00:04:35:01 - 00:04:54:01
And I think that that's really something that we need to push forward. Yet the teachers then get the training that they have necessary to then teach students about healthy relationships. I think it's everywhere. I think you're saying you've not seen some sort of sexual harassment in your life. You're lying. It's everywhere. There is no way you can have seen it.

00:04:54:03 - 00:05:18:09
It's on the streets in our classrooms, which I think is the most worrying overall. I think our main focus is on getting youth voice into places of power to make change. 
 
 00:05:18:11 - 00:05:48:24
So I'm Team Manager for the kinship team. So we undertake the assessments for special guardians and for connected foster carers. And we also have private fostering seen in that area, which I will say manage.
Private fostering is ultimately a private arrangement that's been made by the parents of a child and another person, DWP funded projects, and they are very much focusing on conflicts that frequent, intense and poorly resolved. And I think that captures what we're trying to do quite well. Basically, it's about ongoing unresolved arguments in families that just cause a great deal of stress, a great deal of tension within the family.

00:05:49:05 - 00:06:18:00
But it isn't domestic abuse, right? This is all conflict up to domestic abuse. So unhealthy parental conflict is very much about having a balance of power. It's not about seeking to control each other and it's not about being afraid of each other. It's very much about you just stuck in this very unhealthy cycle of not being able to move up, bringing up the past frequently regret being in the relationship, and it just becomes exhausting and it grinds people down.

00:06:18:06 - 00:06:57:06
I’m the Somerset Commander, that means I'm in charge of neighbourhood policing across the county, so I have about 300 staff, PCSO’s and PC’s. And another rank. So we look after our communities, our neighbourhoods across the county from east to west, north and south. It's very rewarding. So I see it as a real privilege to be in this position, to be dealing with a family, a victim or an offender, or both at the worst time of their life, and you're there to try and help them come to terms with it, to find the truth, to find a cause of death, to begin to patch up their life.

00:06:57:06 - 00:07:19:09
And if you can do that professionally, you can provide those answers. What a great privilege it is to be there and to then potentially achieve justice on the end of that for the most serious crimes someone sent to prison. You know, that's a great thing. So yeah, I'd recommend people join in, you know, do do that work.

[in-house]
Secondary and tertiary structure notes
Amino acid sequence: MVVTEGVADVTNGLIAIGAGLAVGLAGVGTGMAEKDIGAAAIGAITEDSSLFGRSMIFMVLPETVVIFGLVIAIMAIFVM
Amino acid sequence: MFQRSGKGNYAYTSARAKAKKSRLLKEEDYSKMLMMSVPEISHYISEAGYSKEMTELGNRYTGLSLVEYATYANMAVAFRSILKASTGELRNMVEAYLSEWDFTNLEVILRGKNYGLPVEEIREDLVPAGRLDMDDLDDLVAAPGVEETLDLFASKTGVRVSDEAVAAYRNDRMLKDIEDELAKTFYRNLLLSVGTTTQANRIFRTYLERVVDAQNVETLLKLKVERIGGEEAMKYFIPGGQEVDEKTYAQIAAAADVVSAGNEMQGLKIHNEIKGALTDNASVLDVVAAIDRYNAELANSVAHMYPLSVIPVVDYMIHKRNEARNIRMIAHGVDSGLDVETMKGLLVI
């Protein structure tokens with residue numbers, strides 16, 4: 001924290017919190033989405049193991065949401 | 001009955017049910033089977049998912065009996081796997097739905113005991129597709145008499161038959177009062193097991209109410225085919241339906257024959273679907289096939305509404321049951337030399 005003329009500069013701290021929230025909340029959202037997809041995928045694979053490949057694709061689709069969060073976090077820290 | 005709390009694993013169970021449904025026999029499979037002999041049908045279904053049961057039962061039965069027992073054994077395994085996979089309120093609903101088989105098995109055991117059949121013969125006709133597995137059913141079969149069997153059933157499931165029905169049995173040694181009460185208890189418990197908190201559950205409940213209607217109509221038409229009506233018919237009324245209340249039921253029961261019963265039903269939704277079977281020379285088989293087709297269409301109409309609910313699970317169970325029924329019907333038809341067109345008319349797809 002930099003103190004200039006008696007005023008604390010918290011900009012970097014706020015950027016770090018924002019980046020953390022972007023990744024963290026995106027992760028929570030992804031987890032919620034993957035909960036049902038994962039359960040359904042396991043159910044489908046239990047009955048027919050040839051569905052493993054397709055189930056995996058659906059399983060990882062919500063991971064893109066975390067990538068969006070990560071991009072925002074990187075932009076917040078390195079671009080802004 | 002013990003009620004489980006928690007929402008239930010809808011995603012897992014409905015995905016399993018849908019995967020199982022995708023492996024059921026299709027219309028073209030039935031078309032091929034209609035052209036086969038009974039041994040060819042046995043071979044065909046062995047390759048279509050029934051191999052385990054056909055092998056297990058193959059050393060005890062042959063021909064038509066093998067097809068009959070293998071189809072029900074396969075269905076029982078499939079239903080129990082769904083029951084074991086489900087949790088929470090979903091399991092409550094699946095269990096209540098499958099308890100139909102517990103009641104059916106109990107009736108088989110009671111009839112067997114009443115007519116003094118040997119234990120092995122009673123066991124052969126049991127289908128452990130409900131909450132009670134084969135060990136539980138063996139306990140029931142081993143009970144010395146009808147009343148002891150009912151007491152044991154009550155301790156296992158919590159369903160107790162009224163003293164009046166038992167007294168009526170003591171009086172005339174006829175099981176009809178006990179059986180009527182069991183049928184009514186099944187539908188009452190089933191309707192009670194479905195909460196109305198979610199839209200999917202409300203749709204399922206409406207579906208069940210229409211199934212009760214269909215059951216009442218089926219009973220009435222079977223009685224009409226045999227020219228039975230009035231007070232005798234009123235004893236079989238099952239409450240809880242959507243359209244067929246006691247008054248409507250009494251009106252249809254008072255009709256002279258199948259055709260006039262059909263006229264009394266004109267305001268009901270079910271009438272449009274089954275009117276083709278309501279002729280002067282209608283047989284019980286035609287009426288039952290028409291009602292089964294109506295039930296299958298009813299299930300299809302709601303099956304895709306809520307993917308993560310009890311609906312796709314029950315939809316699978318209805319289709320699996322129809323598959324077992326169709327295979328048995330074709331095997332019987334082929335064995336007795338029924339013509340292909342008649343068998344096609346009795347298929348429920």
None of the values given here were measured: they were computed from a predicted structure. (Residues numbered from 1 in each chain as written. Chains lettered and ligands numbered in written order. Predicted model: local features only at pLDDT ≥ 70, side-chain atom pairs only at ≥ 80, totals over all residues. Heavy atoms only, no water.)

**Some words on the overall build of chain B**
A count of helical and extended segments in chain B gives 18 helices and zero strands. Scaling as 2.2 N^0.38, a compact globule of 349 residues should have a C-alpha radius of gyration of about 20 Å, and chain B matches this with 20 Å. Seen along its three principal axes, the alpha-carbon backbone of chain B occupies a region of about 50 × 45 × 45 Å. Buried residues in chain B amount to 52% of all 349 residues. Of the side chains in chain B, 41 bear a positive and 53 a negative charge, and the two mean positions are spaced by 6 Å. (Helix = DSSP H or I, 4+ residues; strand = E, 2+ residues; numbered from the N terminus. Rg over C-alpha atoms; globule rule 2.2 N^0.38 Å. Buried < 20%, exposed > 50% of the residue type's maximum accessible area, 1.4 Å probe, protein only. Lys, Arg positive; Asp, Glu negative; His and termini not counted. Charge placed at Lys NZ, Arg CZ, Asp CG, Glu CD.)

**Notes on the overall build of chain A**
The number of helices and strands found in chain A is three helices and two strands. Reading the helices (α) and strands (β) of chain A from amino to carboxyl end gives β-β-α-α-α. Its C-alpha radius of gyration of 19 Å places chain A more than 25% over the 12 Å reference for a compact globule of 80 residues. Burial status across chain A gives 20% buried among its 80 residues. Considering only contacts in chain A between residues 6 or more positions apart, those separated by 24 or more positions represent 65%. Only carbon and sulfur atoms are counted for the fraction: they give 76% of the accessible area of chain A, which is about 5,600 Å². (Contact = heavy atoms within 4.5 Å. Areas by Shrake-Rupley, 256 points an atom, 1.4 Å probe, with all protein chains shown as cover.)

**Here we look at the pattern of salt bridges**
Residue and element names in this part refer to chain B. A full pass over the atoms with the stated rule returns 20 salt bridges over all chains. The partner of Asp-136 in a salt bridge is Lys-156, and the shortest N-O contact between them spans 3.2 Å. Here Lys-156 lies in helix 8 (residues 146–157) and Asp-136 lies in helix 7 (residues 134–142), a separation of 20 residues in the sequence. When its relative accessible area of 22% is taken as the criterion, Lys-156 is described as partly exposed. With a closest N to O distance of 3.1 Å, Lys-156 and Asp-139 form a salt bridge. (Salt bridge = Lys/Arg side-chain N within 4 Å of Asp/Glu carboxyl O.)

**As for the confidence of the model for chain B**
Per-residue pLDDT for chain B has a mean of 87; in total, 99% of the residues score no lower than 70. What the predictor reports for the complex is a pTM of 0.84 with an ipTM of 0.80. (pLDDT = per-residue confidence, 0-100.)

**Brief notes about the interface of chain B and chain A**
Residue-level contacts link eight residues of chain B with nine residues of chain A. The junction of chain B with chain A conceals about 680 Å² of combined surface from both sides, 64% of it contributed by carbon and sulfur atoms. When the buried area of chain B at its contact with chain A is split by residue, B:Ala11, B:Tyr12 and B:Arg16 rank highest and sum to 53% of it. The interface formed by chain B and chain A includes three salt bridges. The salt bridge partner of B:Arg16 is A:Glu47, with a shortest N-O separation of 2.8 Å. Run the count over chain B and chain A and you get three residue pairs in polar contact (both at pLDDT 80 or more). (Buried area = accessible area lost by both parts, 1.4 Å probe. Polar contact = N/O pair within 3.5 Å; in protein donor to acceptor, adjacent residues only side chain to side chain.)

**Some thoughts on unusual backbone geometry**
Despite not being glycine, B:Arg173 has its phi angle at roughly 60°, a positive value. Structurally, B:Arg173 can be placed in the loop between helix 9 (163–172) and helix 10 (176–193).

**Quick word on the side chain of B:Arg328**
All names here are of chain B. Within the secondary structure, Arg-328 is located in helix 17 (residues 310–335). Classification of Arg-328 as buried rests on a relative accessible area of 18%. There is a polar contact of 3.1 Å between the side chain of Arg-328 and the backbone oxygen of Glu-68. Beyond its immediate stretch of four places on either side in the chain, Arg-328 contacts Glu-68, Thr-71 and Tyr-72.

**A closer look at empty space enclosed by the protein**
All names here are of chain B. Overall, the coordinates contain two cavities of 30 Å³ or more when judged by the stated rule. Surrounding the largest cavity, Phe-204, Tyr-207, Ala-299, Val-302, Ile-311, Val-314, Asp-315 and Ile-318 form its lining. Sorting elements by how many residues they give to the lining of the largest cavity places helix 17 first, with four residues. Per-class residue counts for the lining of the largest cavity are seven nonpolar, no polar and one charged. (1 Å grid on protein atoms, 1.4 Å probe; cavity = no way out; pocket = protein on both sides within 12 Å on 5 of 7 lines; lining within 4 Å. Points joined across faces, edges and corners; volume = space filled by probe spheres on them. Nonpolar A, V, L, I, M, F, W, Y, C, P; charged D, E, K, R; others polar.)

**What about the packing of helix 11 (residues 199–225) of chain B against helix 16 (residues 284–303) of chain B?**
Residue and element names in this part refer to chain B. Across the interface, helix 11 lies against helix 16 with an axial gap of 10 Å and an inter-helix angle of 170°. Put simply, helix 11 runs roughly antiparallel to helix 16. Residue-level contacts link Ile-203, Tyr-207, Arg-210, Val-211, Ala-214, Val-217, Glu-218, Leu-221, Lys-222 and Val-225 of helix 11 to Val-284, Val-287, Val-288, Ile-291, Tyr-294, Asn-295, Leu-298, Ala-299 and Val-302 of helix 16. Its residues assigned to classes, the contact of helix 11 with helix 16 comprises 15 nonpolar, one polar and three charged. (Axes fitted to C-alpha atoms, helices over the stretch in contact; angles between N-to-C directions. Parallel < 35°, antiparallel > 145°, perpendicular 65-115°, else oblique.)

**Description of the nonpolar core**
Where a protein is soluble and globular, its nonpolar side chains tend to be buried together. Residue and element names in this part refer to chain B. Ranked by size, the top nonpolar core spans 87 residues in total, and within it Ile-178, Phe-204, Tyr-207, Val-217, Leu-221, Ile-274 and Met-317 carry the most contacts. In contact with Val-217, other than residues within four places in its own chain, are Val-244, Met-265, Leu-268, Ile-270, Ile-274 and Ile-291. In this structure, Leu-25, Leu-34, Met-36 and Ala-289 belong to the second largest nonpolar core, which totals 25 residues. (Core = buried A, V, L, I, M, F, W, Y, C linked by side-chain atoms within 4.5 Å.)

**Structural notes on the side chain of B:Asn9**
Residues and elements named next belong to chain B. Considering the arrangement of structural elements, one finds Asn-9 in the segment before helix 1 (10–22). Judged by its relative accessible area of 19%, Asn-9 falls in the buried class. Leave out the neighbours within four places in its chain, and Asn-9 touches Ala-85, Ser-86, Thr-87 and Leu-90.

00:07:19:09 - 00:07:42:24
Keep up that work. It's extremely valuable. It's extremely rewarding. But not without challenges, you know, any sensitive or tricky situation where a professional is engaging with someone who's suffering your contact with that person leaves a trace. So every contact leads to trace in as much that because they're in trauma and crisis, they may well not remember what you said to them.

00:07:43:05 - 00:08:10:23
They probably won't remember the instructions. They might not remember that you wanted to meet them tomorrow. Yeah. Or get a signature. Or they need a document or whatever, but they probably remember how you made them feel, you know? And if you're kind of professional, you listen, you're supportive. They'll remember a motivational interview and conversation is a conversation about change where the person on the receiving end may not yet see that they need to change.

00:08:10:23 - 00:08:37:13
They might be feeling quite defensive, potentially quite resistant about making that change. Maybe other people see the need for that person to make change. Or it might be that the person themselves wants to make a change but is stuck. So essentially motivational interviewing is how you engage somebody to have a conversation with changes needed or desired. Responsibility is our role is to ensure the wellbeing of all children.

00:08:37:13 - 00:09:03:10
In some sense, a lot of people leave social services, children, social care services. That is a critical part of the children's services role. But we also are responsible for early help, early as possible and as effectively as possible so that they can go back to their lives and manage on their own independently as a family unit without the need for recourse to statutory services sites best over the world.

00:09:03:12 - 00:09:26:10
But I would say stick with it. There are going to be hard touches. You know, sometimes it's a really tough job. So focus on the goods that you're doing. You know, there are some fantastic outcomes when you think when I think back about things that happen to families that I've worked with, I'm really proud of how to do that. And you’ll carry that with you forever.

00:09:26:12 - 00:09:48:00
We've also been busy in the background recording more episodes for 2024, including speaking with colleagues from Complex Care, Midwifery, the local authority designated officers (or LADO's), the Participation team who work with young people to gain their voices. But we've also been finding out about young carers support, special guardianship orders, family group conferencing, child exploitation.

00:09:48:06 - 00:10:11:04
And we've also got a couple of special episodes coming up shortly. One of those focusing on spiritual and ritualistic abuse, including accusations of witchcraft and another focused on engaging with fathers. We will, of course also be bringing you more of the inspirational Jacquie Webb, who is coming back again to continue to delve into her expertise on motivational interviewing.

00:10:11:09 - 00:10:30:15